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Bezos Flips Script on National Enquirer

Bezos Flips Script on National Enquirer

In the 1996 movie Ransom, Mel Gibson stars as an executive whose son is kidnapped by a bad guy played by Gary Sinise. The boy is held for ransom, and in the movie’s most famous scene, Gibson appears on the local news and pours $2 million in cash onto the anchor desk.  He then says:

This is your ransom. Two million dollars in unmarked bills, just like you wanted. But this is as close as you’ll ever get to it. You’ll never see one dollar of this money, because no ransom will ever be paid for my son. Not one dime, not one penny. Instead, I’m offering this money as a reward on your head.

I couldn’t help but think about this scene when I read Jeff Bezos’s blog post last week, targeting the publisher of the National Enquirer David Pecker. Just as Mel turned the “hunter” Sinise into “the hunted” in the movie, Bezos flipped the script on the National Enquirer.

Bezos owns Amazon. He’s the richest person on the planet. And he’s going through a divorce.

The Enquirer got hold of some text messages between Bezos and his new girlfriend and then published some unflattering stories. And the paper threatened to publish some embarrassing selfies. Bezos, who has access to a lot of technology and also owns the Washington Post, decided to hit back. He investigated the Enquirer and found that the tabloid’s attack on him appears to be politically motivated – and then he told Pecker this. Apparently it didn’t sit well with Pecker, who was allegedly apoplectic about the insinuation, particularly given the fact that, as Bezos points out:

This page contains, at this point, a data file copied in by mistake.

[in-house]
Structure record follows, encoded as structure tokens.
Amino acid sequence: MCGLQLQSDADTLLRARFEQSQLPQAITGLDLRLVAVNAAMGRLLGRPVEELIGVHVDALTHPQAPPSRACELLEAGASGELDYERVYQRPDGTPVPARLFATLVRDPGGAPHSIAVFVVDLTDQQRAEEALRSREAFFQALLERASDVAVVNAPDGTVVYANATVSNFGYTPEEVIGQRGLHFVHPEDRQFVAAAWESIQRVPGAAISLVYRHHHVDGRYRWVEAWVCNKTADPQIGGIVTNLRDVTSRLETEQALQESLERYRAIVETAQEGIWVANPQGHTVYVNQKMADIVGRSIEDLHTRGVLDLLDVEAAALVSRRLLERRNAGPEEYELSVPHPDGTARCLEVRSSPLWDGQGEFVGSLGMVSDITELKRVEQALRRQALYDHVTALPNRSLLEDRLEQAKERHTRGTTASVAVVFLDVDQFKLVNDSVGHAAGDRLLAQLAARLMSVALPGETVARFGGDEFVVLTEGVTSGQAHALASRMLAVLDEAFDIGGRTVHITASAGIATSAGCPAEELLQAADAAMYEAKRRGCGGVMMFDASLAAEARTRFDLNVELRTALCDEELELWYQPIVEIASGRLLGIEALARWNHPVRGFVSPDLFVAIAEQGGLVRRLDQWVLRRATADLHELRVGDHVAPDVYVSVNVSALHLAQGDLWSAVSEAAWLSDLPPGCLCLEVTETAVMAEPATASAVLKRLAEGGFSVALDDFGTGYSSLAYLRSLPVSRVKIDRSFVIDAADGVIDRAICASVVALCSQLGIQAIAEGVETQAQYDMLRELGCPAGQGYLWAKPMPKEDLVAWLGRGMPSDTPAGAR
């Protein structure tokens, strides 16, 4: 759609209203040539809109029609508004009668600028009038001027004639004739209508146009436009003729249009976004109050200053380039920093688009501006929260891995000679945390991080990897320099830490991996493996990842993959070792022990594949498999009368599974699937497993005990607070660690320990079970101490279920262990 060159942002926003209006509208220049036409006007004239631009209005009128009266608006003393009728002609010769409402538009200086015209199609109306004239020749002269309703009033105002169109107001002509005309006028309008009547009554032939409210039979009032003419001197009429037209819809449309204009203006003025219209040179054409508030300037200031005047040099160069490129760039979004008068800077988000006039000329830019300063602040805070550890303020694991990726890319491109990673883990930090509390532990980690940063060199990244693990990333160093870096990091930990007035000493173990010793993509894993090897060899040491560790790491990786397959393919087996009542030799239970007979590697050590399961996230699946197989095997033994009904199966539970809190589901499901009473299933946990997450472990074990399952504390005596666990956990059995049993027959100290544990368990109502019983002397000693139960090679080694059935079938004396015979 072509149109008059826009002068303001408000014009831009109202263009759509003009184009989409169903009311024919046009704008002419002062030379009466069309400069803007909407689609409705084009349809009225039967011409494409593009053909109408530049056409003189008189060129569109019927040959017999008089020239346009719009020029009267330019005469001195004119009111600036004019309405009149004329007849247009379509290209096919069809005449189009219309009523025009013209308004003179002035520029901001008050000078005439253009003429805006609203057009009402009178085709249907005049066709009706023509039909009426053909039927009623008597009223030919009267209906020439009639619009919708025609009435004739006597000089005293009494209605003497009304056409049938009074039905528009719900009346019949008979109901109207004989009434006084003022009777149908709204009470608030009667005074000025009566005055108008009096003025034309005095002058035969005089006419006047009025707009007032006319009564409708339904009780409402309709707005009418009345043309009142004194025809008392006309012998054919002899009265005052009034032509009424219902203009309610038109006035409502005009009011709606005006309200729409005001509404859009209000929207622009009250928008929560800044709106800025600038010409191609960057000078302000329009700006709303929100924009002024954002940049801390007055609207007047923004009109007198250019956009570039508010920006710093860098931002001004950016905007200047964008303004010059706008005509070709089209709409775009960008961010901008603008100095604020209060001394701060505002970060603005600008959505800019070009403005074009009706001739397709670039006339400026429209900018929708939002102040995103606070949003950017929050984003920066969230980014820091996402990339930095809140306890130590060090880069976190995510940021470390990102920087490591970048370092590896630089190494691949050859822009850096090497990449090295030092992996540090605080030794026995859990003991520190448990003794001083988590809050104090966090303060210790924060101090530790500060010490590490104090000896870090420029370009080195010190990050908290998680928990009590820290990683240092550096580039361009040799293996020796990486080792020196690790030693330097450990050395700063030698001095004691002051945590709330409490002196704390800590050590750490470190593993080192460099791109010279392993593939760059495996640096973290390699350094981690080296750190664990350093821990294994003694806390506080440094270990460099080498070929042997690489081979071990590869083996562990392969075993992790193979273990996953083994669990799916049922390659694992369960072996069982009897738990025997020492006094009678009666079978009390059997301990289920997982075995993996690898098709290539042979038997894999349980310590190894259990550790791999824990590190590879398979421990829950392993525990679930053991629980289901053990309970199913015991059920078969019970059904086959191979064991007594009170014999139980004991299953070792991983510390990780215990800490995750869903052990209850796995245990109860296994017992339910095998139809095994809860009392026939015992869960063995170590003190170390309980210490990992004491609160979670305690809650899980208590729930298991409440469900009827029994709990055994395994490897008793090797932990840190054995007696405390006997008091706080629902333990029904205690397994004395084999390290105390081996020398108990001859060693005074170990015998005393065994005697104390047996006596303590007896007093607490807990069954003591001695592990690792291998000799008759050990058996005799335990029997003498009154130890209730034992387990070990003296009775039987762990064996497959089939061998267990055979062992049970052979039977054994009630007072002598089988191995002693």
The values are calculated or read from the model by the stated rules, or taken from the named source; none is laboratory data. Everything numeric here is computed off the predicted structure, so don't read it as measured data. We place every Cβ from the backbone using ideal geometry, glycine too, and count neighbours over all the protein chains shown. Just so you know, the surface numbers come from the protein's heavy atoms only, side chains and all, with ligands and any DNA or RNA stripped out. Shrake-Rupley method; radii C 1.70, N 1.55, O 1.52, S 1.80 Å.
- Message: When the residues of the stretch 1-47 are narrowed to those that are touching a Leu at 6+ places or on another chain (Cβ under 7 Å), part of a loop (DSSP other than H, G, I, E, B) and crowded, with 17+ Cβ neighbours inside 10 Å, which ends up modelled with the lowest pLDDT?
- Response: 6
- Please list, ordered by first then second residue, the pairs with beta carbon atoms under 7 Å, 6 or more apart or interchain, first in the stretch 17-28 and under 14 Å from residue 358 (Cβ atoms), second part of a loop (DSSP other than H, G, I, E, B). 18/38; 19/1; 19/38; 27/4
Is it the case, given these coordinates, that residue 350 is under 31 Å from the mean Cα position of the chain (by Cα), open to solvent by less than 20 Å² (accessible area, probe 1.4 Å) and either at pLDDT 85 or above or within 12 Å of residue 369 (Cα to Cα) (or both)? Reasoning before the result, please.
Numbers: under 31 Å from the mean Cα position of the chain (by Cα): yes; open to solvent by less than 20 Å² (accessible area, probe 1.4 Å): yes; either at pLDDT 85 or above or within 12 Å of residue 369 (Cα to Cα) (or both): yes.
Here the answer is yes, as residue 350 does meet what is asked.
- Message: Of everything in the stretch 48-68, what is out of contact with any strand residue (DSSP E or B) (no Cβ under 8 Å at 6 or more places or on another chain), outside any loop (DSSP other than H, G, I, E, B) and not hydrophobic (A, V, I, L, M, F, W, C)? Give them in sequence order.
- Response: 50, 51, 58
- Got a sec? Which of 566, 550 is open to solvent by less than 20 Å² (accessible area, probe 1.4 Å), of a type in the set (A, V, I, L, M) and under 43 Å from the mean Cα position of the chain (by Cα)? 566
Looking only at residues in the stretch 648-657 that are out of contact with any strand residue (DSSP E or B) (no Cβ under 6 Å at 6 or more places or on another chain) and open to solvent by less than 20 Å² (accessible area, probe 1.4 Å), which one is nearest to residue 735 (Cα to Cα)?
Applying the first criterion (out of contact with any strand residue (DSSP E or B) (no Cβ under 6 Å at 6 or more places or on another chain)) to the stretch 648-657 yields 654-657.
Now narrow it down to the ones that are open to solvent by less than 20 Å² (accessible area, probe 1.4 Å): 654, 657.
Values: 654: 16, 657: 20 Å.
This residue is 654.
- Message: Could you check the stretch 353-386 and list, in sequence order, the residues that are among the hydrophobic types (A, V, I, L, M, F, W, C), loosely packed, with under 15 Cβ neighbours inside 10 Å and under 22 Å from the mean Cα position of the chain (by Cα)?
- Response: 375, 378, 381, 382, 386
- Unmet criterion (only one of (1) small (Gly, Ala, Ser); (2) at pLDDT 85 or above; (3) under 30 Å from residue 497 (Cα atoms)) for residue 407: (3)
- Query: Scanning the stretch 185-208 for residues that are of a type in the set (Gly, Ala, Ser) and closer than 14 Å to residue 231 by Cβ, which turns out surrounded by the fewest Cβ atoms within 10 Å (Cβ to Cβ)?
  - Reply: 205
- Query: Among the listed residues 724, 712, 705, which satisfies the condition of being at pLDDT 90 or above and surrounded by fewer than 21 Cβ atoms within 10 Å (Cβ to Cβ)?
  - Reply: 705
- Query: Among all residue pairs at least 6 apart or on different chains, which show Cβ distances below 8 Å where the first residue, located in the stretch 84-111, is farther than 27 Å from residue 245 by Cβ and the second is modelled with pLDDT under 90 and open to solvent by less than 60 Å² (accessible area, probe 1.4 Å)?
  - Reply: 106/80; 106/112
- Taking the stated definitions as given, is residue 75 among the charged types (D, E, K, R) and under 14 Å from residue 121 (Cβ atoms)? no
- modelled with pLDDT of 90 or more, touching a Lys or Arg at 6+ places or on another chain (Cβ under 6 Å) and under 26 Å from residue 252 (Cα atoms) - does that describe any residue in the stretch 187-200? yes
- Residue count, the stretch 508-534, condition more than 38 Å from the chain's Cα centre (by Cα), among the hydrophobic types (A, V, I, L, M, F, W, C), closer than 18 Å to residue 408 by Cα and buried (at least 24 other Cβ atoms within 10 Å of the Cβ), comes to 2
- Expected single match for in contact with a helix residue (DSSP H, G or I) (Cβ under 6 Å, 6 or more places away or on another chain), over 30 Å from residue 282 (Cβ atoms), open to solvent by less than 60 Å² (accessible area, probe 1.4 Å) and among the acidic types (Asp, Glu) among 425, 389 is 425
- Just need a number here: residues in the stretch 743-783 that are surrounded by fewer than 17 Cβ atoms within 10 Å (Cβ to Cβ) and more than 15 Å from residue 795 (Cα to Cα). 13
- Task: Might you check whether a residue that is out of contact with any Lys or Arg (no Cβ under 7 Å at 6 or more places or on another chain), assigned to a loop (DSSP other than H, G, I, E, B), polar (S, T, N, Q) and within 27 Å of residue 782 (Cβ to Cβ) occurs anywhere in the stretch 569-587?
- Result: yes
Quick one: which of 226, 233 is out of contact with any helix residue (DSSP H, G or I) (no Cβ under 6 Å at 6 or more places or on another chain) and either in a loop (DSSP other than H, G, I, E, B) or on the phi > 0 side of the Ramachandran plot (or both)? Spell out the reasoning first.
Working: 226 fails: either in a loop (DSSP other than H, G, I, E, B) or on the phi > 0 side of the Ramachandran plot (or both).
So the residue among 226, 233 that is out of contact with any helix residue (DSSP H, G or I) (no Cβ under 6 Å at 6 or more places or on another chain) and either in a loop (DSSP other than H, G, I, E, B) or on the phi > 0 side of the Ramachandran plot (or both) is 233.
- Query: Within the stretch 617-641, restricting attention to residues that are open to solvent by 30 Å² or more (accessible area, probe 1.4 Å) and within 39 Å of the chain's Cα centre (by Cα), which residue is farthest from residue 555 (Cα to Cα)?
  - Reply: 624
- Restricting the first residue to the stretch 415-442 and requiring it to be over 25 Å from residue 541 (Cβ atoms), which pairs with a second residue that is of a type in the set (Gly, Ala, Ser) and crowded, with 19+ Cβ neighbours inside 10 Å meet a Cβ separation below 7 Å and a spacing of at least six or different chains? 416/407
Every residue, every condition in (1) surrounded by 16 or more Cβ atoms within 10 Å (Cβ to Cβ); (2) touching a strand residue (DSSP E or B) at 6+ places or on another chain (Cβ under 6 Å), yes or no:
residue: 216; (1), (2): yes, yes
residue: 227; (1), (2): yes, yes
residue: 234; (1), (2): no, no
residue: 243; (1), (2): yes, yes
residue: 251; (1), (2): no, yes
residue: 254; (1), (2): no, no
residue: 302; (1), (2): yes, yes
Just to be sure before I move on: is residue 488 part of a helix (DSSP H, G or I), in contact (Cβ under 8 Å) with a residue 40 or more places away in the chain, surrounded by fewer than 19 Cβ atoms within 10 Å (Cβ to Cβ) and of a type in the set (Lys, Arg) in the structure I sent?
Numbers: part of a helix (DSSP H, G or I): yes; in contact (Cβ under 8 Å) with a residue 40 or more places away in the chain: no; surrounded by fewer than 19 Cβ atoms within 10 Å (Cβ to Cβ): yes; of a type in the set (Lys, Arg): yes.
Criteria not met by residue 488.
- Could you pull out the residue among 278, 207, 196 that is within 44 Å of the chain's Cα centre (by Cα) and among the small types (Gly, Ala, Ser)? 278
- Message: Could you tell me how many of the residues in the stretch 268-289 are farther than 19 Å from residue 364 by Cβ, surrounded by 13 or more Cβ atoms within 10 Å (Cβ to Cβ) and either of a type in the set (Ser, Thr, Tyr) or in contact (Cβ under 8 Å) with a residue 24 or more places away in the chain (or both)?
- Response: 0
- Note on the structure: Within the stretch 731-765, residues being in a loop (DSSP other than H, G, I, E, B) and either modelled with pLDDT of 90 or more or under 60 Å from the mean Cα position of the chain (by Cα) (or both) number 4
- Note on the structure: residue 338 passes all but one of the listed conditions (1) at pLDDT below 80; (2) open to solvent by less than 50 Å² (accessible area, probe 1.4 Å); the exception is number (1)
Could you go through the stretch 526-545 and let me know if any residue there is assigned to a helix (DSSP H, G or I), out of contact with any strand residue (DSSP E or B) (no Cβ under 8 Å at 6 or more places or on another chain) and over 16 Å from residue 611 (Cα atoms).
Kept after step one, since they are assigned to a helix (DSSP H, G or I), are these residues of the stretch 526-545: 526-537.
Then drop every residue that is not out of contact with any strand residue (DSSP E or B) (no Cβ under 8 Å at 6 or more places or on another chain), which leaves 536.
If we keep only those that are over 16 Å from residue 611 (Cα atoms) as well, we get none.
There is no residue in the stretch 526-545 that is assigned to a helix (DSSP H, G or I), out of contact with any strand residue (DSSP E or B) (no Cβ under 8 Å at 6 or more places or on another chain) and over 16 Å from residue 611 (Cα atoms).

AMI, the owner of the National Enquirer, led by David Pecker, recently entered into an immunity deal with the Department of Justice related to their role in the so-called ‘Catch and Kill’ process on behalf of President Trump and his election campaign.

Bezos’s blog post is almost the perfect example of transparency. Bezos tells his side of the tale, even though it is unflattering, and then he publishes the Enquirer’s emails which showcase the paper’s smarmy attempt to slither away from Bezos’s gut punch. He blatantly calls out the paper’s extortion attempt.

What has transpired since is a rich back/forth within the media landscape, highlighted by some great “pecker” headlines. Yet the most interesting thing to me is how Bezos knocked the typically aggressive Enquirer back on its heels. The publication that has its roots in stories about Bigfoot’s love slave, factually challenged articles about celebrities, and making its subjects uncomfortable with aggressive tactics now finds itself on the defensive.

Bezos did something that many people want to do in a PR crisis but often choose not to: Fight. He turned the tables on the Enquirer using a combination of his legendary smarts, his own research and one other thing the Enquirer is often unfamiliar with: the truth.

As PR moves goes, I think this is a master stroke. If the Enquirer chooses to publish the photos, then it essentially proves the extortion play. If it sulks away in the night, then it proves that it still belongs on the underbelly of the world of media outlets. Regardless, I imagine some lawsuits will start flying, and we know that Bezos can afford protracted litigation.

Since I first decided to write about this, a few new developments have emerged. One is that it appears that the brother of Bezos’s girlfriend leaked the text messages, and he’s a staunch Trump fan. The second is that Bezos’s accusations that the Enquirer’s actions were tied to Saudi Arabia might not be precisely true. Of course, that’s dripping with irony. The National Enquirer now finds itself defending media reports powered by alternative facts.

In many situations in the PR game, we automatically work our way to the least painful and least controversial moves. We follow the textbook and play it safe. Bezos gives us an example of why this is sometimes the wrong move. My favorite part of his post is this snippet:

Any personal embarrassment AMI could cause me takes a back seat because there’s a much more important matter involved here. If in my position I can’t stand up to this kind of extortion, how many people can?

Sometimes it’s best to fight.

What do you think? Did Bezos make the right decision jumping into the mud pit? Do Mel Gibson movies not called Braveheart deserve to be quoted in a blog?



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